I just got the photo of the newest little one. And the warm thank you note along with it. Makes me feel that just maybe, my work on this good earth makes a difference.
What’s special about this birth announcement is that it is the third baby after the vasectomy reversal. Now that’s value! And the stuff of great Holiday cards.
My Father taught me to do things once and to do them right. “Don’t nickel and dime people.” In my craft of microsurgery, you can do average work, good work or great work. One measure of a great vasectomy reversal is whether it works or not and whether babies are born. Another measure is durability–whether several babies are born.
A vasectomy reversal is a highly technical procedure, one in which, in the words of the architect Mies van der Rohe, “God is in the details.” Basically, we reconnect a tube the size of cooked spaghetti with a hole in it. The procedure can fail early on simply due to scar tissue that blocks the tiny opening in the middle. That mean after 3 hours of surgery and a sexless several weeks of recovery, the sperm count arrives in the ejaculate to great applause, and then…just as quickly… disappears, well before a pregnancy is possible. This devastating complication typically occurs within 4-6 months of the procedure and sends everyone involved right back to square one—sterility.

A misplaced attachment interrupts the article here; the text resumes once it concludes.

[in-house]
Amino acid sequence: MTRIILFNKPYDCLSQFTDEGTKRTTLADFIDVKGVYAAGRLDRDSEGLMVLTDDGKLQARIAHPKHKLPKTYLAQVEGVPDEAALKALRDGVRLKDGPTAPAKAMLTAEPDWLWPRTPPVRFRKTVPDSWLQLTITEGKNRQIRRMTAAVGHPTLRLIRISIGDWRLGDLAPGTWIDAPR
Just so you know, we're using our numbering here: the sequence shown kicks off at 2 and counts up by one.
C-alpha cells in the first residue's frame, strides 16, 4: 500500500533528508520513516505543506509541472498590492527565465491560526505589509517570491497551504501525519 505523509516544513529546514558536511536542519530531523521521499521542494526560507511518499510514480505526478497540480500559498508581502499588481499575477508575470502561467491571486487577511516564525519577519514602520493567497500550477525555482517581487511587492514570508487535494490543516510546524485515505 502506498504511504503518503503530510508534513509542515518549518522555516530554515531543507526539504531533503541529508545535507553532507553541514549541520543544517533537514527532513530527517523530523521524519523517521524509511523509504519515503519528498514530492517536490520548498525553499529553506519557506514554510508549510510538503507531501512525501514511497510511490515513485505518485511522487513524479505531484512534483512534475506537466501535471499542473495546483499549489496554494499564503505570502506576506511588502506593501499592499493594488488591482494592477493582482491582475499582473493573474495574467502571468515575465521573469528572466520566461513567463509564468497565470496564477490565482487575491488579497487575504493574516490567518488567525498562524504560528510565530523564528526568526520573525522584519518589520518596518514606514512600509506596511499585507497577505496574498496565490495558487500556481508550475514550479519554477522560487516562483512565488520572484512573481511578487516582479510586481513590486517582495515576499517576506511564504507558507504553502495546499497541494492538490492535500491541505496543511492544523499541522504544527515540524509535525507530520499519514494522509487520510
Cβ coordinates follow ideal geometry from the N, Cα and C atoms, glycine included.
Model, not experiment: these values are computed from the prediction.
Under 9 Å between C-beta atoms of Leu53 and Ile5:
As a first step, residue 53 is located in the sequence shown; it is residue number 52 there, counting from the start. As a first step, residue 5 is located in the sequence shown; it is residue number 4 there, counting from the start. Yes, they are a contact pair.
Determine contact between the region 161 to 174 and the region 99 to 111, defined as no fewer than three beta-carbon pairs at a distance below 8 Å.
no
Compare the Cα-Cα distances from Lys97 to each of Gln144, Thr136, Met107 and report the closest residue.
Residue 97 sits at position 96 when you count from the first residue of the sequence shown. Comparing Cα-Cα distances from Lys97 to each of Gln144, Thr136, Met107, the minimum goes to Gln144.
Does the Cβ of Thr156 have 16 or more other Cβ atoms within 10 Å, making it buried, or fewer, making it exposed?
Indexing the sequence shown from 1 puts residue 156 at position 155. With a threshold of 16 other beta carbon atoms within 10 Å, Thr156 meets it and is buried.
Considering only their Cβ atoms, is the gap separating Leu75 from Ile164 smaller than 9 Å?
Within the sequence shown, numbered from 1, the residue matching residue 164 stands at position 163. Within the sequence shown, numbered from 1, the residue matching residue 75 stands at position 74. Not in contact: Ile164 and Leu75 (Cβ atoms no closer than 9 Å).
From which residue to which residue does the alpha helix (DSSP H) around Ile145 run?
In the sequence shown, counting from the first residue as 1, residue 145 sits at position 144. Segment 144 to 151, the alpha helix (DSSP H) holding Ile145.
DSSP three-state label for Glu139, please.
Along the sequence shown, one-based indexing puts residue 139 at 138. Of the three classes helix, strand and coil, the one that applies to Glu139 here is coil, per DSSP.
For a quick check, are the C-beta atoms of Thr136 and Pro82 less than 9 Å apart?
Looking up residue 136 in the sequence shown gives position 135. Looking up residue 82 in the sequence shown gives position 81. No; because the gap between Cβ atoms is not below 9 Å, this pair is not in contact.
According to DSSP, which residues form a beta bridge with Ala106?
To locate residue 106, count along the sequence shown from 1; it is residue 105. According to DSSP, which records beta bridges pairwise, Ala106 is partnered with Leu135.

How is this avoided? Well, begin by choosing your surgeon wisely. Look for expertise. But what makes an expert an expert? Accreditation-sure; Knowledge-sure. Experience-sure. Such factors are keys elements of “deep smarts.” But there is more to it. Expertise is also marked by an attitude, a drive, to constantly improve. What can I do differently? How can I do better? In the words of Malcolm Gladwell, “the most successful performers improvise.” In my field, improvising means improving and that means building entire families in single microsurgical swoop.